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Woman fakes pregnancy to smuggle hundreds of CPUs, iPhones into China

Now that's what we call Intel Inside

If you think you can fool customs officials into believing you are pregnant and not, in fact, smuggling hundreds of Intel processors and iPhones in a prosthetic strapped to your belly, think again.

That's what a woman learned when she attempted such a feat at the Gongpei Port's customs checkpoint in China, according to multiple news reports.

The woman was, we're told, entering the mainland from Macau on November 25 when a customs officer noticed and then inquired about her abnormal posture. The woman said she was about five or six months pregnant, but the inspector was apparently suspicious since her belly looked large enough for her to be in the third trimester.

In a normal circumstance, it's likely not wise to scrutinize the appearance of a purportedly pregnant woman, but when the customs officials used an inspection machine, they said they found the woman was not expecting and was, in reality, using a prosthetic to conceal 202 Intel chips and nine iPhones.

The woman was detained, according to customs officials.

This is far from the first time we've heard of smugglers trying to sneak hundreds of processors past China's customs checkpoints.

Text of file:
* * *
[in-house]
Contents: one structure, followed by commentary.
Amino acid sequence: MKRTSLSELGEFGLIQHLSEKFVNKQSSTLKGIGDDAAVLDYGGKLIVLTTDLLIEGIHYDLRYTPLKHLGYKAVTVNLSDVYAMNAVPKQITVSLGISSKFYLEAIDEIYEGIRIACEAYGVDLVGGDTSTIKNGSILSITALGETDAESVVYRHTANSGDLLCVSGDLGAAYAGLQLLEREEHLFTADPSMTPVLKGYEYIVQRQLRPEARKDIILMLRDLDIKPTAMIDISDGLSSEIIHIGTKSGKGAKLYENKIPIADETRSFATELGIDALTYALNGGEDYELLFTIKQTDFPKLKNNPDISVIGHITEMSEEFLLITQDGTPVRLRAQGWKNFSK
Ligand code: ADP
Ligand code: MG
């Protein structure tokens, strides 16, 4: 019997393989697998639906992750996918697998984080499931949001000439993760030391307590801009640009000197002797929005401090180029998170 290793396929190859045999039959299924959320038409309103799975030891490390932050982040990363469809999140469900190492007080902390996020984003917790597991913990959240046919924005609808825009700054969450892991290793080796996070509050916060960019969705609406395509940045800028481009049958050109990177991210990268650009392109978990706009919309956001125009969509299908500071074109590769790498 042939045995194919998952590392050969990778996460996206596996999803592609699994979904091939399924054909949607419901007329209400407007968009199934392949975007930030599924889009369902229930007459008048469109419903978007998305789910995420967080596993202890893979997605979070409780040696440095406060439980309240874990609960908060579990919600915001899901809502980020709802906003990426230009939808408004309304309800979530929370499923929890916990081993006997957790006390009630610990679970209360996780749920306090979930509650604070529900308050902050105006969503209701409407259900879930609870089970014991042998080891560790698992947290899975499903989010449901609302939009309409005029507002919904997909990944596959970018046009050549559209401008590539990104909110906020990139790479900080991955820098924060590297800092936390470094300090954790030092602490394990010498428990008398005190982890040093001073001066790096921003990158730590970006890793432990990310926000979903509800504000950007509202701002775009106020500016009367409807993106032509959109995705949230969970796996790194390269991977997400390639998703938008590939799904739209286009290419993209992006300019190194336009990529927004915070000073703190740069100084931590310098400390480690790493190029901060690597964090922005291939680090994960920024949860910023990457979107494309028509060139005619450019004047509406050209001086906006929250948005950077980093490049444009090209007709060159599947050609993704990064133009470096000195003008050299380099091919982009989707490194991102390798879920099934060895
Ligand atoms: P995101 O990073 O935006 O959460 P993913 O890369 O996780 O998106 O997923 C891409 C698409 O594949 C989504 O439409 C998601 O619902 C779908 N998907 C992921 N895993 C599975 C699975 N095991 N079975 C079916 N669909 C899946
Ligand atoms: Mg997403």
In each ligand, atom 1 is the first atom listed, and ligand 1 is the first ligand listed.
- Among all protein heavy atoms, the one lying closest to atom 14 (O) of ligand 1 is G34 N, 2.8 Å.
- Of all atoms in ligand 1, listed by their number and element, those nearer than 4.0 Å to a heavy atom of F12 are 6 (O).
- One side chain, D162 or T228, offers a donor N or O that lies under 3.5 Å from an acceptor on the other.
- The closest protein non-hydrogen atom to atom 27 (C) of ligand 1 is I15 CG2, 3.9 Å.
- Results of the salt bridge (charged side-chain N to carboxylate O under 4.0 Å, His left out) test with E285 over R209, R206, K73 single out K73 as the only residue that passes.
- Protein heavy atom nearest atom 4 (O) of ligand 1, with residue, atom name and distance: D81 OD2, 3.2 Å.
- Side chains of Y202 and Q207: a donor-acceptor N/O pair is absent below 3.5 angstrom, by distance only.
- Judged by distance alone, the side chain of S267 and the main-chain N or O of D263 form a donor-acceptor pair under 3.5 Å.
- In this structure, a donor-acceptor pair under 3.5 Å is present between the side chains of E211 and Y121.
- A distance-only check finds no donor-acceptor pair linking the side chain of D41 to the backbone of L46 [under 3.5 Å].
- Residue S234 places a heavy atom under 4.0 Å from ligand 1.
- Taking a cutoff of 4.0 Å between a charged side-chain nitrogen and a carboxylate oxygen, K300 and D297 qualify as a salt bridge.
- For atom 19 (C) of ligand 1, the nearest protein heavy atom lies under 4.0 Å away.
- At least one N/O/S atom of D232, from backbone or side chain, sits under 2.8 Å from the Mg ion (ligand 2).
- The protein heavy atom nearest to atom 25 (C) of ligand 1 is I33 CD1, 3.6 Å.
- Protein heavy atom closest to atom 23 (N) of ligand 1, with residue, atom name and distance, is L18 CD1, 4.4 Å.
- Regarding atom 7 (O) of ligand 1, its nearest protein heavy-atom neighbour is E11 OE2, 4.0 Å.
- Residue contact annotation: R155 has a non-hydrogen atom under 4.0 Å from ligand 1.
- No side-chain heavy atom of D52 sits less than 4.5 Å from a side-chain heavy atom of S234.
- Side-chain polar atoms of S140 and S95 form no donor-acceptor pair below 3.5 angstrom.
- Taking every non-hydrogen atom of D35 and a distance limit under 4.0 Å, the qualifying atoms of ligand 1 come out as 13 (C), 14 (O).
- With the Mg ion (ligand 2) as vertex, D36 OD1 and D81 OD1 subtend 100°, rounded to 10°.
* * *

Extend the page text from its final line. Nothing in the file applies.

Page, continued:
For instance, in a matter of a few weeks over the summer of 2021, Chinese customs officials caught three truckers attempting to smuggle chips.

Similar to this most recent incident, Chinese customs agents discovered one truck driver last year with 256 Intel CPUs worth roughly 800,000 yuan (currently $115,000) attached to his calves and around his torso.

The smuggling incidents are part of a significant gray market for semiconductors in China that popped up in 2020 when disruptions caused by the COVID-19 pandemic made chips hard to come by. While some chip shortages have abated elsewhere, the supply situation in China has become more complicated due to recent sanctions by the US meant to curb the country's access to advanced chips and semiconductor equipment.

According to Bloomberg, China's semiconductor gray market is made up of hundreds of resellers who have been known to sell second-hand or antiquated chips for as much as 500 times their original cost.

As for the iPhones, smuggling such devices into mainland China has been a thing for quite some time due to higher import taxes that them more expensive than in surrounding areas like Hong Kong.

As they have with computer chips, smugglers have tried to get the Apple devices past customs officials by strapping a bunch of them to their body, like this guy who had 94 units on his person in 2015.

Now that we can check "woman faking pregnancy to smuggle chips and phones" off the list, we wonder what other creative ways people will try to smuggle high-tech goods. No doubt there are successful examples we'll never hear about. ®

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